Are women really worse with money than men are?
This question has been hanging over me as personal finance books for women pile up on my desk. There's Suze Orman's Women & Money, Lois Frankel's Nice Girls Don't Get Rich, Jean Chatzky's Make Money, Not Excuses, and David Bach's Smart Women Finish Rich, to name a few.
They've all proved to be extremely popular, judging from their Amazon rankings. But why? Is it because we women really do need special help with money, or do we just like reading about it more than men do?
To answer my questions, I did a little research. The Bureau of Labor Statistics reports that single men and women ages 25 to 34 exhibit similar spending patterns. The main difference is that single men spend more on transportation while single women spend more on apparel and services. (Men also spend about twice as much on alcohol and $600 more on car purchases.) No evidence there that women are inherently spendthrifts.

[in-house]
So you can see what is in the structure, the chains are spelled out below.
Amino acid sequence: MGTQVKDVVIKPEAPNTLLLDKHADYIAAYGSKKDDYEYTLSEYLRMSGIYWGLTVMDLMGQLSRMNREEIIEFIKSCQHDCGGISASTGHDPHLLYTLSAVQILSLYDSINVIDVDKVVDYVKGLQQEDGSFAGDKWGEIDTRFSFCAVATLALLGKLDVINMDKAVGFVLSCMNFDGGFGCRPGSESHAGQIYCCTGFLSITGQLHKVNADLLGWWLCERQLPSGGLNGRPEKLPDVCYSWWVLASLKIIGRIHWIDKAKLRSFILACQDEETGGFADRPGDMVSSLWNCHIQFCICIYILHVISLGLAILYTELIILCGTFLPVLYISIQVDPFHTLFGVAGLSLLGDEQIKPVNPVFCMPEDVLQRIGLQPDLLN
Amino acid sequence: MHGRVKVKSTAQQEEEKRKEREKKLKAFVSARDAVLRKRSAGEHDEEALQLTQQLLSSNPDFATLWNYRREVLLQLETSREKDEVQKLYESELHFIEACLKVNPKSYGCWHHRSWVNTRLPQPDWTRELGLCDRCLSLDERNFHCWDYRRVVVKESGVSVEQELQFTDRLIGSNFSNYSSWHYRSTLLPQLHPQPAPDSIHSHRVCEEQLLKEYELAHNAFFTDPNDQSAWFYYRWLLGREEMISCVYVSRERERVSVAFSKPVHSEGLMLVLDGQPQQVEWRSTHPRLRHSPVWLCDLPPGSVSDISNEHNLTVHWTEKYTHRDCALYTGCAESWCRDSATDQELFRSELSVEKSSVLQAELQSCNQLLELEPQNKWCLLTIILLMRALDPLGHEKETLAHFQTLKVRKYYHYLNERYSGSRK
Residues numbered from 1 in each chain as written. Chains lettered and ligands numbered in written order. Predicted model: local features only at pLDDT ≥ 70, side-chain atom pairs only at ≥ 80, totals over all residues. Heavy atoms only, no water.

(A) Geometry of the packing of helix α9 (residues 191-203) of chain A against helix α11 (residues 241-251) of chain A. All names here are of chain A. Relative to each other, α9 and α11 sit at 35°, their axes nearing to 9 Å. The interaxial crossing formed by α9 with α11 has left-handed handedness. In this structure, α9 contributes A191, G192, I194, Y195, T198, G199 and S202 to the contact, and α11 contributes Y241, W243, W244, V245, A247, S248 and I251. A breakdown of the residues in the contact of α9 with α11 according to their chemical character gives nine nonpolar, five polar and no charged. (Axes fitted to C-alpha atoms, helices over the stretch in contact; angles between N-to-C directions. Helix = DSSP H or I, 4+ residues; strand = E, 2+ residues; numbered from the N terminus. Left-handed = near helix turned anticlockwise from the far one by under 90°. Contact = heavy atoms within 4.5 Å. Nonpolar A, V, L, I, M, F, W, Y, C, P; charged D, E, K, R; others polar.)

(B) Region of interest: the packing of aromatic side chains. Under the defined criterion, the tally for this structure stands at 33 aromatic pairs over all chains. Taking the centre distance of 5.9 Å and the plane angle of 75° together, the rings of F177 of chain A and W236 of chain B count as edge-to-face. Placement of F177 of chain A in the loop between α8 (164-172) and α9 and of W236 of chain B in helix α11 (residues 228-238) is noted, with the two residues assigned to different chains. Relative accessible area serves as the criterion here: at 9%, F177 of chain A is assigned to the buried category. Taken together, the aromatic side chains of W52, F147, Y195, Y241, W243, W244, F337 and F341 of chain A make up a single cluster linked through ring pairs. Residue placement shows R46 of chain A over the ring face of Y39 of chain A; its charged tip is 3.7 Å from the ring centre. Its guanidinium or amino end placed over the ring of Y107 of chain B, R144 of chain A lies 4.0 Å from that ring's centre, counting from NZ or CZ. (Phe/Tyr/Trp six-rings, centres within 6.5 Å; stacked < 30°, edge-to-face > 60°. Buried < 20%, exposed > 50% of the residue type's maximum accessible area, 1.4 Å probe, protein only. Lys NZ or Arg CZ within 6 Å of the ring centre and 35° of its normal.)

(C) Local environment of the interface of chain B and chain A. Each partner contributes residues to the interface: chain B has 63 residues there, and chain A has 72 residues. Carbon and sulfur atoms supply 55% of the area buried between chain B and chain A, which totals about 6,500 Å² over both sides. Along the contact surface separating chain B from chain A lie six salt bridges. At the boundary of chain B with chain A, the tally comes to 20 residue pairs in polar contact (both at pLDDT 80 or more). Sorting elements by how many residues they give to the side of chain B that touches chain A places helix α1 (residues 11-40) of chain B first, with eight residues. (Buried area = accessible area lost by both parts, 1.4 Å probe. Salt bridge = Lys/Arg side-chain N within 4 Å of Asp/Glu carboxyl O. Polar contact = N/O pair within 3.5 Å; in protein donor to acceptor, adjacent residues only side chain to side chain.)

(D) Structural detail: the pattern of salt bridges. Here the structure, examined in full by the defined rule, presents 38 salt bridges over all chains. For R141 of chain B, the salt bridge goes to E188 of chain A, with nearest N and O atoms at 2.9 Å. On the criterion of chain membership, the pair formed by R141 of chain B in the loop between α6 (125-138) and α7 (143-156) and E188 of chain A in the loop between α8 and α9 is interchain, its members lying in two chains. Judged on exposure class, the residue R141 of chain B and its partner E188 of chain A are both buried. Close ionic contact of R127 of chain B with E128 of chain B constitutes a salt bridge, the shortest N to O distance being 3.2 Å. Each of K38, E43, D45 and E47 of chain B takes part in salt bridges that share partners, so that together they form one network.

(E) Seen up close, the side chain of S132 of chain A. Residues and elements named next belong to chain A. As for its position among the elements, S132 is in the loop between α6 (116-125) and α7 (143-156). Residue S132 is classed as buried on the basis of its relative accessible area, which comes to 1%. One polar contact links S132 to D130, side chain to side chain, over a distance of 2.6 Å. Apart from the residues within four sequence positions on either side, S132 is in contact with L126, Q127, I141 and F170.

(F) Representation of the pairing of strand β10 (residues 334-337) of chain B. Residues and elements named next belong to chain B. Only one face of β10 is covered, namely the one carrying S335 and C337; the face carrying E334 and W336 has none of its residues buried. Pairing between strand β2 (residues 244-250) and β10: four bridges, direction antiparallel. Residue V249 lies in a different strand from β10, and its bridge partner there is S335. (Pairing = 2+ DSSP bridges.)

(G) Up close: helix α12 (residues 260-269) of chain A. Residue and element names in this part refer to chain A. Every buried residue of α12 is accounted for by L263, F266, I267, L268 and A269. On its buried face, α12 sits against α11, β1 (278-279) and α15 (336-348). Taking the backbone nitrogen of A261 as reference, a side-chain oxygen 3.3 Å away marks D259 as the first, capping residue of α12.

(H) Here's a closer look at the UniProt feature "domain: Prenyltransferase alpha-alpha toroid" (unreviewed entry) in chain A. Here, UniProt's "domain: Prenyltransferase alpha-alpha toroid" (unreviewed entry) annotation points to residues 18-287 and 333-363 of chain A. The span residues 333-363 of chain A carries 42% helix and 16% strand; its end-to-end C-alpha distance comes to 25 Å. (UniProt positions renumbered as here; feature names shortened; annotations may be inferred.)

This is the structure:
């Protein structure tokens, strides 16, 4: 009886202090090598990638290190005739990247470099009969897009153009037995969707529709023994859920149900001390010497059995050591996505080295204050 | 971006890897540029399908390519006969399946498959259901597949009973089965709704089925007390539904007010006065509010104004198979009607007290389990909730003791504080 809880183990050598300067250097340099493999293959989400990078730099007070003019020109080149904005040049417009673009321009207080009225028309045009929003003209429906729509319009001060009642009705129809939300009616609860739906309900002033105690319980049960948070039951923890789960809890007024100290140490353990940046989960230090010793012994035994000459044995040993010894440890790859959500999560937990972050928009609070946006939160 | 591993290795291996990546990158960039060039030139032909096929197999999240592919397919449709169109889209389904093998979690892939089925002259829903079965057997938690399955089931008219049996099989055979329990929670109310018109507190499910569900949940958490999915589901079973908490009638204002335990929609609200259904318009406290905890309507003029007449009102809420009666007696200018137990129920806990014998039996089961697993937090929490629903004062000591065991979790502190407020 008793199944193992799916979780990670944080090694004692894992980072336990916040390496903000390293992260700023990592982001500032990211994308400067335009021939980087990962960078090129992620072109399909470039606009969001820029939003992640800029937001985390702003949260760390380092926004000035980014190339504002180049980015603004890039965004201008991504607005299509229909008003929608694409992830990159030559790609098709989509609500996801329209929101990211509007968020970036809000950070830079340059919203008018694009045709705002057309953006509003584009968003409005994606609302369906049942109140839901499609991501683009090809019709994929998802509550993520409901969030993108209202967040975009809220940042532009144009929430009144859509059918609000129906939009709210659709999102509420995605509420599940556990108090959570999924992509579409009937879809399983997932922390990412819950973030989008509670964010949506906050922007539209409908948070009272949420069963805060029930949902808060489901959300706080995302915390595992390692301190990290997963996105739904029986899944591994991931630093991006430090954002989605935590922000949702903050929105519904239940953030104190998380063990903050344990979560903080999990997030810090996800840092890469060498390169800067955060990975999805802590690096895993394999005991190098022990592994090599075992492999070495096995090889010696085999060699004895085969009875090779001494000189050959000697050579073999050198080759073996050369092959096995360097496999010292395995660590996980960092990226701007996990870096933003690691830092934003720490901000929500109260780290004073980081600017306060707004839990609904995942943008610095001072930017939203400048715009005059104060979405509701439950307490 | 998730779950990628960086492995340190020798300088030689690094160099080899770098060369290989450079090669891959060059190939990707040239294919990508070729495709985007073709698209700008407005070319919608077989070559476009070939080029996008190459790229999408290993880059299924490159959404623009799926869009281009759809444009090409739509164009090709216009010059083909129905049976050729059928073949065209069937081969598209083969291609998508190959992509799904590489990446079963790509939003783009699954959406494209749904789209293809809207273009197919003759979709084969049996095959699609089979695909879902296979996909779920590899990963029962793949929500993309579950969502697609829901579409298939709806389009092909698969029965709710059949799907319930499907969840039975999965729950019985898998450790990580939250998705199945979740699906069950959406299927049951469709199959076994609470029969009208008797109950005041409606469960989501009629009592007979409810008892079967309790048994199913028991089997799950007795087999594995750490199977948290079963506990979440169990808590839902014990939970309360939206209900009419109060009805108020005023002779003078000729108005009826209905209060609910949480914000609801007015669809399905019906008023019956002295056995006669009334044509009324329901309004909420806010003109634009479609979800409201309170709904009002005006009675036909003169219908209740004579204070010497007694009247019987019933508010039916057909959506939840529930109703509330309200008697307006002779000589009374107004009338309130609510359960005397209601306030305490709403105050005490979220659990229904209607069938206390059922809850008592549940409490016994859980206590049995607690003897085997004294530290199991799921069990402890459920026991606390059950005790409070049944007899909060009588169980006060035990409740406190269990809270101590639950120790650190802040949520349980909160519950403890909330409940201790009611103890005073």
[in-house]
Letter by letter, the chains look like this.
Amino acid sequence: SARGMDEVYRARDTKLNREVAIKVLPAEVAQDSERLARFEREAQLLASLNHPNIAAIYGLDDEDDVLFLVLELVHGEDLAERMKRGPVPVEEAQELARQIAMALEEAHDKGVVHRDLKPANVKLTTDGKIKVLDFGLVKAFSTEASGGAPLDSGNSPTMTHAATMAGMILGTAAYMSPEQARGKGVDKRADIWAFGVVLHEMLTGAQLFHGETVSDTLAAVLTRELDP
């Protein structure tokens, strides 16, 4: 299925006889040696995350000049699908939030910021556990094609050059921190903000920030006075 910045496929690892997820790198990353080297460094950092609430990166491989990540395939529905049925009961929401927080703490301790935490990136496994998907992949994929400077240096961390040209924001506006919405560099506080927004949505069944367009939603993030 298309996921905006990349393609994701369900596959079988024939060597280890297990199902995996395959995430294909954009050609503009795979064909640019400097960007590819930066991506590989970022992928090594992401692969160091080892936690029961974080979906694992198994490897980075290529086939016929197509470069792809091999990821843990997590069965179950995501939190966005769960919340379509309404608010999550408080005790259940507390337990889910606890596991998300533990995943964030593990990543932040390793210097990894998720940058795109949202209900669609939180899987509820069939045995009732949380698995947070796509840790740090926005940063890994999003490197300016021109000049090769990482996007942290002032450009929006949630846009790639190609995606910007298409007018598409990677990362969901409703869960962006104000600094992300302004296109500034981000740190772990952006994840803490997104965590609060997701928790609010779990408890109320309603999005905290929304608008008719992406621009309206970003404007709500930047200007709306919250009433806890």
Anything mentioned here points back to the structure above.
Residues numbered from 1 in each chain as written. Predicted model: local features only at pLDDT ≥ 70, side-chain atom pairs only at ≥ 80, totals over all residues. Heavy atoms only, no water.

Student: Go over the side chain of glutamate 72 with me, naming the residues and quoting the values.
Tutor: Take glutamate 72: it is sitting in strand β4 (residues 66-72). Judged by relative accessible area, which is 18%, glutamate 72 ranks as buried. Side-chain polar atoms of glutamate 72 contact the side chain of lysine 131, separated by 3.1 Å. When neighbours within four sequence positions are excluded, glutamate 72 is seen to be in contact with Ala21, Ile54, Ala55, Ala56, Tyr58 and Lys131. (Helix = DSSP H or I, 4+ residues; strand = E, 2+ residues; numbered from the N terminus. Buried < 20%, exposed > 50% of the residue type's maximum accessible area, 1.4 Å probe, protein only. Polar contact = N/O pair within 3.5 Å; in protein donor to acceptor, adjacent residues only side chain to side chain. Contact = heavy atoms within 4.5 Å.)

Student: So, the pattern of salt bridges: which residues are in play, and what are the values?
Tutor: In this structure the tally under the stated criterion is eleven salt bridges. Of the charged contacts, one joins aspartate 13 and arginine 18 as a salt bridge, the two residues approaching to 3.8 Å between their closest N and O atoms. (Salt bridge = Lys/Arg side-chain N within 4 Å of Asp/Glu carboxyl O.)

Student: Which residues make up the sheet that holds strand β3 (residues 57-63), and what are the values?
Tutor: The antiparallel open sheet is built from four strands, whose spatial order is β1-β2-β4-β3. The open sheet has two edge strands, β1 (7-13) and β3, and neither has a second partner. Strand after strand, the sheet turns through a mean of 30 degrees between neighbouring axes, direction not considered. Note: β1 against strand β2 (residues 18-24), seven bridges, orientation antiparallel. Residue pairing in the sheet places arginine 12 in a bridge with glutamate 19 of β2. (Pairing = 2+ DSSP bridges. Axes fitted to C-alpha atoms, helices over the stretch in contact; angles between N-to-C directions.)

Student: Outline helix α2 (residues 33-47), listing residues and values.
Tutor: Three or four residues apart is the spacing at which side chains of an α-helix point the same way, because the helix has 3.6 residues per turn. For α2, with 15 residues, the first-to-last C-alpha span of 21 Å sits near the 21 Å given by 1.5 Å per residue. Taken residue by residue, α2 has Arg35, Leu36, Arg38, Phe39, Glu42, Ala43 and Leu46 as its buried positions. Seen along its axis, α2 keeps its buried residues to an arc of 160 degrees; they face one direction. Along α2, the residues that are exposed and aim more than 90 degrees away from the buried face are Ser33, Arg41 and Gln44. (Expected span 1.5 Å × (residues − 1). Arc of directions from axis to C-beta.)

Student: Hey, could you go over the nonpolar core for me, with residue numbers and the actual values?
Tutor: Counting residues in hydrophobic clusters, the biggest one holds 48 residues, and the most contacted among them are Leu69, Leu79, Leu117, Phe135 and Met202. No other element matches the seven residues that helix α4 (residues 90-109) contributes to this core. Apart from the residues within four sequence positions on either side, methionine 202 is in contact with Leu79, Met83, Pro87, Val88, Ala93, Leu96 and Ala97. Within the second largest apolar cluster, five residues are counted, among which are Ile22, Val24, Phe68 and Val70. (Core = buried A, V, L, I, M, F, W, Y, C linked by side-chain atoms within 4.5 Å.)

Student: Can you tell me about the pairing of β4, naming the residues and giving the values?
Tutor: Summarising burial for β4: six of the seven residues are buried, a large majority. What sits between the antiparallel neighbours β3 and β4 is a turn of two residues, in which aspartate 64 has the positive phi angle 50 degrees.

The same is true on the credit front. According to a Demos calculation based on the Survey of Consumer Finances, a higher proportion of women ages 25 to 34 carry credit card debt compared with their male peers—76 percent vs. 67 percent—but the men carry higher amounts of debt, which is what really matters when you're trying to stay on top of monthly bills.
Men in the 25-to-34 age group carry $4,369 on average, compared with women's $4,038. Credit scores, a measure of one's fiscal responsibility, show virtually no difference between men and women. Average scores across all age groups vary only a few percentage points by gender, according to Experian.
Another trend that tends to be all but ignored by these books: Women are making more money than ever before. While men between the ages of 25 and 34 have seen their wages decline over the past 25 years, women's wages have risen. In fact, 1 in 3 wives now out-earns her husband.
Although fathers still make more than mothers on average, fathers' earnings have held relatively constant over the past 35 years, while mothers' earnings have more than doubled. And despite the popular "mommy track" stereotype, research shows we can increasingly move in and out of the workforce and combine motherhood with careers.
My conclusion? Women aren't any worse with money—we just like to read about it.